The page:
Yes, Thailand's Former P.M. Thaksin Was a Democrat

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A red-shirt Thai demonstrator wears the mask of deposed prime minister Thaksin Shinawatra. A. Perawongmetha / Getty Images

Dozens have died since Thailand's security forces started their crackdown last week against antigovernment protesters, known as the red shirts, who have taken over the streets of Bangkok to denounce their disenfranchisement since the exile of former prime minister Thaksin Shinawatra, deposed in a 2006 military coup. Images from Bangkok show a burgeoning war zone: lines of soldiers firing on packed crowds, unarmed men dead in the streets, burning vehicles, and barricades. And there's no sign of regret from the nation's rich elite, who engineered Thaksin's ouster. To them, and to much of the world outside Thailand, he was a populist demagogue. He manipulated the ignorant rural majority for political power, the thinking goes, and he might have been the next Hugo Chávez.

But for all his failings—and there are many—Thaksin represents the high-water mark of Thailand’s crumbling democracy. He was undoubtedly cynical and probably corrupt, but his party, Thai Rak Thai, was the first to approach a majority of parliamentary seats—248 out of 500. The closest runner-up in that election took 96. Thaksin won this mandate by mobilizing uninitiated voters in the countryside, rendering a record 70 percent turnout. When the former policeman turned telecom mogul entered politics, he promised to move the base of power from its traditional center—among the rich in Bangkok—to the rural poor, who make up 80 percent of the nation. And he did.

For much of the last 30 years Thailand has vacillated between the rule of juntas and strongmen. Eventually, the 1997 Asian financial crisis brought to power a prime minister, Chuan Leekpai, who pushed for good-government reforms. But his belt-tightening policies ignored the needs of rural Thais suffering from the downturn.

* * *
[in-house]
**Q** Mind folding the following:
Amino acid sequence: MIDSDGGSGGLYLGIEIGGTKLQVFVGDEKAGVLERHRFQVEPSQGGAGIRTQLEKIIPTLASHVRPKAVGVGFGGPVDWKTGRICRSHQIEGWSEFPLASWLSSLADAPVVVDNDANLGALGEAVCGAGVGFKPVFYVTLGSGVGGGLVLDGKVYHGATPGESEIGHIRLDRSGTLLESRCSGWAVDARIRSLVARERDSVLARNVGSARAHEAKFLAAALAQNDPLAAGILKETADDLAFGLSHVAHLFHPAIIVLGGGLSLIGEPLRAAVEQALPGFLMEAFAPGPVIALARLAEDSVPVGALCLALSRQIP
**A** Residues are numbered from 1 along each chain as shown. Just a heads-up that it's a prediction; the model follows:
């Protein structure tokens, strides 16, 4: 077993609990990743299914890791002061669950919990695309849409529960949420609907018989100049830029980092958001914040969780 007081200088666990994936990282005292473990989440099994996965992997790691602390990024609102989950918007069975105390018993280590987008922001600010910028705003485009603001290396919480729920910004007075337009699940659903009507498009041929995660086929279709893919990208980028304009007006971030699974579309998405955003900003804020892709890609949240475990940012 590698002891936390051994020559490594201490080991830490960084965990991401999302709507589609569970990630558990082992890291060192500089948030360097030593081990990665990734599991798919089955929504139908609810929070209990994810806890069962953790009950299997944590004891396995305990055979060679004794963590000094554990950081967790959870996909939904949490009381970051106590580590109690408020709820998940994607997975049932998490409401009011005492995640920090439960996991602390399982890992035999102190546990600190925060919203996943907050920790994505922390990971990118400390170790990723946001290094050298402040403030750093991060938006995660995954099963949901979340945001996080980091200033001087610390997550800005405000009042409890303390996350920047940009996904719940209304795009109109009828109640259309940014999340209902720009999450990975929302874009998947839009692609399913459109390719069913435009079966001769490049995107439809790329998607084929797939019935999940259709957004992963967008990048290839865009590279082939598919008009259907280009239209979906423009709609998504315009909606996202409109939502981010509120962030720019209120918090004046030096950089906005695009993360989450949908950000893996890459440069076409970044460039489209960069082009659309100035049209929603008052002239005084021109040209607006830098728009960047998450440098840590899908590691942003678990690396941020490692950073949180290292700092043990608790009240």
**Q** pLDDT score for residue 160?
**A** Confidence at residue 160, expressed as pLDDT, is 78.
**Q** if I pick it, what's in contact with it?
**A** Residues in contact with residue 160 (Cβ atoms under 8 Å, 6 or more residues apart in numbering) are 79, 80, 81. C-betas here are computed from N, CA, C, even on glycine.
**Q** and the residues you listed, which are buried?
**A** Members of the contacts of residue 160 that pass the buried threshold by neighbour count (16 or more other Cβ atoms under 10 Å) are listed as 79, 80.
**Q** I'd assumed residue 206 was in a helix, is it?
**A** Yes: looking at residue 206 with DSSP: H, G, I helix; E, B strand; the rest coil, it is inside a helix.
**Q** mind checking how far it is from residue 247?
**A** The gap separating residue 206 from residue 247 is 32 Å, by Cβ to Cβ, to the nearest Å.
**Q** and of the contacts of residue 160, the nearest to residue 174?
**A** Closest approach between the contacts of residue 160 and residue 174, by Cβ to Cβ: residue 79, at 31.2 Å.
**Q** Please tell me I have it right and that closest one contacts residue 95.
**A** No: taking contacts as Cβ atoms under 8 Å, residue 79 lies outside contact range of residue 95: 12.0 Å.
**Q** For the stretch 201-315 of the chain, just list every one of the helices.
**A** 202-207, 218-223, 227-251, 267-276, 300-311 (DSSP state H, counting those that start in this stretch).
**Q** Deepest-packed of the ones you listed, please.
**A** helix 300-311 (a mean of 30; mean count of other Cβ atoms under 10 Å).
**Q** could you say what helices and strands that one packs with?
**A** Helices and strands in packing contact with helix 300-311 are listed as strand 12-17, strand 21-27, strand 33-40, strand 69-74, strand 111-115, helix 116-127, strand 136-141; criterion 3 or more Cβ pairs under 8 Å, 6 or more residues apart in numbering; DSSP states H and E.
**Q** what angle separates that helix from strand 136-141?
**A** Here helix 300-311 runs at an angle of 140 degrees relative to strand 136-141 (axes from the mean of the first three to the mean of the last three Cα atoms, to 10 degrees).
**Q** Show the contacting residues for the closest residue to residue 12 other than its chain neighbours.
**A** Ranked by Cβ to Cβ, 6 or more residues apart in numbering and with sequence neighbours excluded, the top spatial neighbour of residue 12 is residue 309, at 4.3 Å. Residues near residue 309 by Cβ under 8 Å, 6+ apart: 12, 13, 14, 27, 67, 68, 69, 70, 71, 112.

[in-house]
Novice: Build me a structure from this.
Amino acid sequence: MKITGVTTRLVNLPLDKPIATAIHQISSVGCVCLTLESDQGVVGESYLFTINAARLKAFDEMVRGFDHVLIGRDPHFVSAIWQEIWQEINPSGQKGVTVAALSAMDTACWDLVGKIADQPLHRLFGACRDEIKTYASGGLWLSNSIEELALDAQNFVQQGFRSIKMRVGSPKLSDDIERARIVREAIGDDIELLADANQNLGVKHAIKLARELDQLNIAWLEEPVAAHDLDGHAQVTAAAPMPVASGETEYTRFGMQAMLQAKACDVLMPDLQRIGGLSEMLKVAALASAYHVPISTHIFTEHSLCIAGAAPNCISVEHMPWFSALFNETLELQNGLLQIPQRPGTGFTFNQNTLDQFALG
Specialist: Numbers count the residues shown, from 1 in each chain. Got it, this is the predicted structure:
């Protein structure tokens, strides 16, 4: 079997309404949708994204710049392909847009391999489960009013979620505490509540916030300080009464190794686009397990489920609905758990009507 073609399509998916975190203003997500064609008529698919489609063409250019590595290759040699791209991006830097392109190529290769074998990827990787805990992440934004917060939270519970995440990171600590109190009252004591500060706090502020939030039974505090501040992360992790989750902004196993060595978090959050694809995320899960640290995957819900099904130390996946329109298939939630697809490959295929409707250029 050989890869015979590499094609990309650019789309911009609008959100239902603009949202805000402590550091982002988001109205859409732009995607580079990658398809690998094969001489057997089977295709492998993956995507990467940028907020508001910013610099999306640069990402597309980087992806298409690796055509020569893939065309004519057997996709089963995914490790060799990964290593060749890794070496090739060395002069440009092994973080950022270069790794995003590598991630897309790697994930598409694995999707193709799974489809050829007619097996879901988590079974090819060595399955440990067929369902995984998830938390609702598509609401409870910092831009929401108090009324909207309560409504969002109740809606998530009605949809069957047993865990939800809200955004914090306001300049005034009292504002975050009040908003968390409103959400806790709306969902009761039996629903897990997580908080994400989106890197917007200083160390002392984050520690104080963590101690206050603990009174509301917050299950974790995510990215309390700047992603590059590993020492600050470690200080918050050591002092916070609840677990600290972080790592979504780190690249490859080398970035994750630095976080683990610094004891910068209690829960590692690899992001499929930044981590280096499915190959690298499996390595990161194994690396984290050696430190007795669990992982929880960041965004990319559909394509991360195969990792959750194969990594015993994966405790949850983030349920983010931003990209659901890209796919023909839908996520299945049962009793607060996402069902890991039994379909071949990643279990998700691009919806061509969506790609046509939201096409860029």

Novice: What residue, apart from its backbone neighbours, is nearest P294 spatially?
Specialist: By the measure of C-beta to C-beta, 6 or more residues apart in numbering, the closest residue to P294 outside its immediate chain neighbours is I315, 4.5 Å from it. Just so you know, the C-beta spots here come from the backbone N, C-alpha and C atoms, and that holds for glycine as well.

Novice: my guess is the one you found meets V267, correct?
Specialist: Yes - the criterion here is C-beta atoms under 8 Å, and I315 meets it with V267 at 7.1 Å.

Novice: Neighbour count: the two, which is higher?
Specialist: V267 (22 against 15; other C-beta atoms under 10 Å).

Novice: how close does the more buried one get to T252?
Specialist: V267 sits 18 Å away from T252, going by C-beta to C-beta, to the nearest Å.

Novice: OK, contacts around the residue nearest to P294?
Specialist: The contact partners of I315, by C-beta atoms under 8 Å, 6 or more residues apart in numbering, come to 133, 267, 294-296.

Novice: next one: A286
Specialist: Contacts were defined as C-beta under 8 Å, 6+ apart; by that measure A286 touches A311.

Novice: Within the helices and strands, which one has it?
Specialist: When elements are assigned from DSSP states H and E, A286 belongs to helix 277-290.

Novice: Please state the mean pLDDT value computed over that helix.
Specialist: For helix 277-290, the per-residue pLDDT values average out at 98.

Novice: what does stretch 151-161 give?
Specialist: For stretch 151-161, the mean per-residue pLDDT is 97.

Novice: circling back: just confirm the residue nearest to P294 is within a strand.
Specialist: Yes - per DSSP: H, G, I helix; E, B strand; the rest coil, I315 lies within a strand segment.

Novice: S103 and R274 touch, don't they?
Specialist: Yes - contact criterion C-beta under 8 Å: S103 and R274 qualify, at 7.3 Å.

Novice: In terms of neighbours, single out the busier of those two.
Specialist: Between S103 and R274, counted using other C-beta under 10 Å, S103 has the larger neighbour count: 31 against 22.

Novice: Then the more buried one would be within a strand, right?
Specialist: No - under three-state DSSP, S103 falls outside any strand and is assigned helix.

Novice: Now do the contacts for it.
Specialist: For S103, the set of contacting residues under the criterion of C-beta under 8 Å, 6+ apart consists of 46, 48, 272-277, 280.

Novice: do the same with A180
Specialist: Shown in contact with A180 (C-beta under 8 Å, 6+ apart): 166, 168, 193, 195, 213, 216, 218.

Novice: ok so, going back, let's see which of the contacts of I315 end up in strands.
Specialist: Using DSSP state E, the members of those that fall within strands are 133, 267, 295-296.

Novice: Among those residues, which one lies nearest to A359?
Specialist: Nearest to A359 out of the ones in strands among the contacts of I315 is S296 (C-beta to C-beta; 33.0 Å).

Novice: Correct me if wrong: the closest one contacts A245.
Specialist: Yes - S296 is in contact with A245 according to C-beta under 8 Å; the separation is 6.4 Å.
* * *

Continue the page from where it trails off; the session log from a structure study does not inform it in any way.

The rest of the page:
So when Thaksin promised to address their needs in 2001, they elected Thailand’s first truly representative government. Thaksin pumped billions into rural development—including a $2.3 billion Village Fund that gave $25,000 to each of Thailand’s 80,000 villages for microloans and grants to start small businesses and help farmers expand production. The American-trained executive mixed a free-market approach—helping to create small rural enterprise—with the populist policies of debt moratoriums and direct subsidies for farmers. These policies helped the overall GDP per capita of the country jump by 70 percent between 2001 and 2006; income in the countryside rose even faster.

In 2001 Thaksin introduced a universal health program, allowing the poor to receive medical treatment for 75 cents. Political opponents accused him of buying votes, but the number of people below the poverty line dropped from 12.7 million in 2000 (a year before his term) to 7.1 million four years later. His reasons may have been as cynical as any politician’s: to get and keep power. Yet he did so through polling and policymaking, not vote-rigging. In a working democracy, self-interest and good governance should go hand in hand, letting responsive leaders stay in power.

Meanwhile, it wasn’t just service to the poor that made Thaksin important for Thailand’s democracy. It was his ability to govern: Thaksin was the first prime minister to lead a government through a full four-year term since the country ended military rule in 1976—every other leader was either overthrown by coup, forced to resign, or abandoned by coalition partners, forcing a new election.

In a nation traditionally driven by soft-spoken palace intrigues and military cliques, the elites didn’t like Thaksin’s undiplomatic rhetoric (he once announced, “The U.N. is not my father”) and corporate style of governance: he created “CEO-governors” empowered to make provincial decisions without checking with Bangkok. It was labeled just another form of cronyism. But by setting numerical targets and giving local officials the power to find solutions, Thaksin was able to pull the country out of the financial crisis, paying back a loan from the International Monetary Fund two years early.

Admittedly, Thaksin was no saint, and much of what his opponents said was true. His drug war in 2003 (in which he rashly vowed to eradicate drug trafficking within three months) killed thousands; his military’s assault is blamed for worsening an Islamic insurgency in the south; and critics say that subsidized loans to farmers were just payoffs for support, which he knew would never be paid back. (Plenty of nations, though, give agricultural subsidies.)

But whatever Thaksin’s flaws, from 2001 until 2006 he incorporated full participation of the masses and offered the country its best shot ever at a functioning democracy. Ordinary people thought he cared about them, even if he alienated the elites. Every nation has opposing classes and factions, and by putting rural voters into play he was creating a check on the power of urban elites. Thaksin’s government was democratic not in spite of his divisiveness but because of it.

Schectman is a freelance reporter based in New York and a former United Nations consultant.

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